C. The Criminal Prosecution of Brugman
A consolidated information charged Brugman with ten counts based on his conduct toward C.: two counts of corporal injury of someone with whom he had a dating relationship (§ 273.5, subd. (a)) (counts 1, 7); three counts of violating a protective order (§ 166, subd. (c)(1)) (counts 2, 4, 8); one count of assault with a deadly weapon (§ 245, subd. (a)(1)) (count 3); one count of making a criminal threat (§ 422), with the further allegation that Brugman personally used a firearm in making the criminal threat (§ 12022.5, subd. (a)) (count 5); one count of possession of a firearm by a felon (§ 29800, subd. (a)(1)) (count 6); one count of rape of an unconscious person (§ 261, subd. (a)(4)) (count 9); and one count of sexual penetration of an unconscious victim (§ 289, subd. (d)) (count 10).
The same consolidated information charged Brugman with three counts based on his conduct toward A: one count of corporal injury of someone with whom he had a dating relationship (§ 273.5, subd. (a)) (count 11); one count of false imprisonment (§§ 236, 237, subd. (a)) (count 12); and one count of forcible rape (§ 261, subd. (a)(2)) (count 13).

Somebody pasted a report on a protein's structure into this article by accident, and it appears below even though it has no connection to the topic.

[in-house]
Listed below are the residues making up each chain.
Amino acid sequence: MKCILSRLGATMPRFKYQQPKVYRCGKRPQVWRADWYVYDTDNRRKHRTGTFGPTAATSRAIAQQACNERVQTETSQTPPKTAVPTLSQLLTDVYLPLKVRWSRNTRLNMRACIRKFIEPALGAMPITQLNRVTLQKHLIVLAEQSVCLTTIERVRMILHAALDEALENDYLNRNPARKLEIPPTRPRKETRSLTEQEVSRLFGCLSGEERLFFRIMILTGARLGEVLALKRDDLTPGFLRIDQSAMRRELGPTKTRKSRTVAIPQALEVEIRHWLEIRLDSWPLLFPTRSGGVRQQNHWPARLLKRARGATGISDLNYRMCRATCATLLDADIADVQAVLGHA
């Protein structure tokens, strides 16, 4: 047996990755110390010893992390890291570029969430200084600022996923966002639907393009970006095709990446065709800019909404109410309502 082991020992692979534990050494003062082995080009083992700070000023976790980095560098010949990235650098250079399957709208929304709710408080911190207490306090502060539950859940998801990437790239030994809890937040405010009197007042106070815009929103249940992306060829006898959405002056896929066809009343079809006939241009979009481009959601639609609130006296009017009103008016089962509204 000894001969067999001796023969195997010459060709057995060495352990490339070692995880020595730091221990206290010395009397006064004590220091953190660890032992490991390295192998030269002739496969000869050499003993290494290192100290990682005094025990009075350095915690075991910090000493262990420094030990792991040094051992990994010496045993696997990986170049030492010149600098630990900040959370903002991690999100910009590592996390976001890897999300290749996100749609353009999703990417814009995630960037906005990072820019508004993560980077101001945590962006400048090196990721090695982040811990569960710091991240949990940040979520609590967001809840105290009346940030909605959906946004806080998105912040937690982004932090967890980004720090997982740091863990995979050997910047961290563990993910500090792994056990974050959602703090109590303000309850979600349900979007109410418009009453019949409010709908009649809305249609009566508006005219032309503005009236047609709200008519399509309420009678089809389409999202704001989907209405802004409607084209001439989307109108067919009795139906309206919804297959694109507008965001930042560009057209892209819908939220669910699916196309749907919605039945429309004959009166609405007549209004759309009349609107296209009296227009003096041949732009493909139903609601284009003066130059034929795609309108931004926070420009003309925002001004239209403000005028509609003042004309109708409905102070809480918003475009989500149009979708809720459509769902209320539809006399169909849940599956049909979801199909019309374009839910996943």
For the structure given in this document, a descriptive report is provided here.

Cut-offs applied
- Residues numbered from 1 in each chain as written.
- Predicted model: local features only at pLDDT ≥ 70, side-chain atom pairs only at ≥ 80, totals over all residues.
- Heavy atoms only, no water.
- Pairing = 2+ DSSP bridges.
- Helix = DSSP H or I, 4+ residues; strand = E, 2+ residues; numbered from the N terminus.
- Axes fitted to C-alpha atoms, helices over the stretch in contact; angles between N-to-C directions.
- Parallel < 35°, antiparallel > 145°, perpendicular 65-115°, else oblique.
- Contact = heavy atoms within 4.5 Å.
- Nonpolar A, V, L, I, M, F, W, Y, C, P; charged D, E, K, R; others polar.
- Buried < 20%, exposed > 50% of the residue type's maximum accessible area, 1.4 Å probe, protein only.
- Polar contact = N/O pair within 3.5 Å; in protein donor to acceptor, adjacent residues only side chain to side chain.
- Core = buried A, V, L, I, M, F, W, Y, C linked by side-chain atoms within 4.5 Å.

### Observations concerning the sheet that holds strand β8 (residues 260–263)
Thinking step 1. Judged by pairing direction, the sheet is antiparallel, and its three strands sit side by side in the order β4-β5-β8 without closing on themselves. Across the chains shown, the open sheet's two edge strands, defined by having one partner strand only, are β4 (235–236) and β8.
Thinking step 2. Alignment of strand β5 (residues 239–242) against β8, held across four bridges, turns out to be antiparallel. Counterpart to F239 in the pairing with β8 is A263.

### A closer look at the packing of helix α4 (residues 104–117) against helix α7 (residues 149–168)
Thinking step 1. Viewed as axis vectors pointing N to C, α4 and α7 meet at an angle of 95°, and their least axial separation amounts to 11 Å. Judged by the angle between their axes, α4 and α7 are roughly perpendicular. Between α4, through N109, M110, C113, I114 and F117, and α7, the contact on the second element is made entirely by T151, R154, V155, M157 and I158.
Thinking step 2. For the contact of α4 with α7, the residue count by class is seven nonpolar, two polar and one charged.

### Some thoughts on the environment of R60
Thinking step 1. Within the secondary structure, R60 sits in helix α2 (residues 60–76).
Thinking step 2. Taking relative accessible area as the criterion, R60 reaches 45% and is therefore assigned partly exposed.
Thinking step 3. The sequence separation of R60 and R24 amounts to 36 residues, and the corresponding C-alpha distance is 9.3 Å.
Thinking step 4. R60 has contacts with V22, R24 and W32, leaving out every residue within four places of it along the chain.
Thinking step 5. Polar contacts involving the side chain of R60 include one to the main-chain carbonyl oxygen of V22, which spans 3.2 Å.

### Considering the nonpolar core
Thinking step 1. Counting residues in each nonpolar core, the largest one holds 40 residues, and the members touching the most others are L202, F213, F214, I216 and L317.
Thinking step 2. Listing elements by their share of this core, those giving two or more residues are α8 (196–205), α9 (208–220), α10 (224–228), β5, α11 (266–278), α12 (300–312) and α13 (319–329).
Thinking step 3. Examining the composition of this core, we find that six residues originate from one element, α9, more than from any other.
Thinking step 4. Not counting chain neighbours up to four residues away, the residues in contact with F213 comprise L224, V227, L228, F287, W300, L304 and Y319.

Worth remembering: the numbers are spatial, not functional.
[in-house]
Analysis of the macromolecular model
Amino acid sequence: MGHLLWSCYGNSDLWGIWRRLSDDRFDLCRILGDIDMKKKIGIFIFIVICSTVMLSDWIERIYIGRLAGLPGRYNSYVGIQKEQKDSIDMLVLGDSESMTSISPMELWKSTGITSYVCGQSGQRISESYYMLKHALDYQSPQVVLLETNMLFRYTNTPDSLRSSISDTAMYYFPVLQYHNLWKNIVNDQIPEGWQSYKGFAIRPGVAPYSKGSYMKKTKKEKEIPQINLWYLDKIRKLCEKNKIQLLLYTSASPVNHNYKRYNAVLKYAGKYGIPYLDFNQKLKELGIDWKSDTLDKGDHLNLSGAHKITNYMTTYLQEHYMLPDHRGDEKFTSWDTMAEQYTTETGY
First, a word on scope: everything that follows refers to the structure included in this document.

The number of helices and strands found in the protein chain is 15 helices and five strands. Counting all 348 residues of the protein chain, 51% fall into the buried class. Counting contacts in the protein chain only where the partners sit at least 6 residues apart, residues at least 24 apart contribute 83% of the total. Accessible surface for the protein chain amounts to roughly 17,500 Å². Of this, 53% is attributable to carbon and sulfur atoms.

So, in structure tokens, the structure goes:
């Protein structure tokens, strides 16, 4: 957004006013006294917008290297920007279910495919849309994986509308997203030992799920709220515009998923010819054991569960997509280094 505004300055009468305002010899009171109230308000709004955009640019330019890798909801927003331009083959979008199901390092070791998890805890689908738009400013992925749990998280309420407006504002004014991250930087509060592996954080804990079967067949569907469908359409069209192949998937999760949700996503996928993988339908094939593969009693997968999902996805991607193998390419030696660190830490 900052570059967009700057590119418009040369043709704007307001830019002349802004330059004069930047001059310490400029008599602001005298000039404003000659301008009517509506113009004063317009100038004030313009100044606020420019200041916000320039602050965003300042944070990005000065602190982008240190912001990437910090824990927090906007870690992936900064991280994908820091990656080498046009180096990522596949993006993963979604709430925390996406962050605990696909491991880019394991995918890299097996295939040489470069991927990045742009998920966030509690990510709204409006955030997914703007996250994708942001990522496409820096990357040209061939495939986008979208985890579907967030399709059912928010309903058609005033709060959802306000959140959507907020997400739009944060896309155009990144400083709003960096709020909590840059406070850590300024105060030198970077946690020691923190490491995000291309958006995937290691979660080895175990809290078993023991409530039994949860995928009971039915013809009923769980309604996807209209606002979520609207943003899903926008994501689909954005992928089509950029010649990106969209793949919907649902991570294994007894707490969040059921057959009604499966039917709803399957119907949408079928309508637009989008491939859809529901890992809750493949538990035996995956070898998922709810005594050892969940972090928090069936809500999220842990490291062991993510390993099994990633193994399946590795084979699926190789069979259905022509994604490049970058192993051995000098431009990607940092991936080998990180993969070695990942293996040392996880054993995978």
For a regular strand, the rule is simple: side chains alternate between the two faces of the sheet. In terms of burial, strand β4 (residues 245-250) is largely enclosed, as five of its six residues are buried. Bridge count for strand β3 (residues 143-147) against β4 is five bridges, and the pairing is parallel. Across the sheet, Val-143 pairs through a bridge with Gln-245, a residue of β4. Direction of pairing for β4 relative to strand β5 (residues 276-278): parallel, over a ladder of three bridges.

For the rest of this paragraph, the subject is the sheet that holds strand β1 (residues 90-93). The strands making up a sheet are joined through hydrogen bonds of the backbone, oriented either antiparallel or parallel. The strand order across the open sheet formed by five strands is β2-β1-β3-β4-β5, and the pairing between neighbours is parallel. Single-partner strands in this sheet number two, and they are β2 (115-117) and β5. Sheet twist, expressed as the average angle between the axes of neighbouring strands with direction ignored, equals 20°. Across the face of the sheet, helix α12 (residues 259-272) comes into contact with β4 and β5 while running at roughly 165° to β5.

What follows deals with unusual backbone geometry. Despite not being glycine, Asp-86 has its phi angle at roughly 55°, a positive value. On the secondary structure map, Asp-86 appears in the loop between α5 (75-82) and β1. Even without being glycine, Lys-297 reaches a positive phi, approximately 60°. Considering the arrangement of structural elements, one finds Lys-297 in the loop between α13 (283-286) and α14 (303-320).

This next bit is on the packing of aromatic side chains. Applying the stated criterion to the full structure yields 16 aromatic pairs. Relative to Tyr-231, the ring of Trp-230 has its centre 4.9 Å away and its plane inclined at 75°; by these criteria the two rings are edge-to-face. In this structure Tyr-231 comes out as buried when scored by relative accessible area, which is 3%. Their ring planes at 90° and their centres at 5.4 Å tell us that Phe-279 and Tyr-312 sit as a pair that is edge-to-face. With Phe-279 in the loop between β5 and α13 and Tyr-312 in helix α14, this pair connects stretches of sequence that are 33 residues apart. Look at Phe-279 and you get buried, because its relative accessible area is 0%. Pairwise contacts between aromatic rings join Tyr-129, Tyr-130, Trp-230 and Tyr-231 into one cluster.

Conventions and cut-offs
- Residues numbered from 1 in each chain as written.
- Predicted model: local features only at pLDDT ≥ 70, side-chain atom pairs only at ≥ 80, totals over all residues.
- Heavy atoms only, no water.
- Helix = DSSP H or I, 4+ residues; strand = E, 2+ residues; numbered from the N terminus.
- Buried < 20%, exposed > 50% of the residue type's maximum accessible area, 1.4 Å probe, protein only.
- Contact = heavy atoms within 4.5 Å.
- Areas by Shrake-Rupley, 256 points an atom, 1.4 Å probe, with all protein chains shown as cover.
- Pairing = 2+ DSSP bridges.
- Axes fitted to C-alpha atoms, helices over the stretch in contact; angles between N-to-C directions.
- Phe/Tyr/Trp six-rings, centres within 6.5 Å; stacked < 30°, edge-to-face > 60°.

For the three counts alleging corporal injury in violation of section 273.5, subdivision (a), it was alleged that Brugman had committed aggravated assault (§ 245) within the last seven years. (§ 273.5, subd. (f)(1).) As to several of the counts, it was also alleged that Brugman was out on bail at the time he committed the offenses. (§ 12022.1, subd. (b).) The consolidated information alleged that Brugman incurred a serious felony prior (§ 667, subd. (a)(1)), a strike prior (§ 667, subds. (b)-(i)), and a prison prior (667.5, subd. (b)).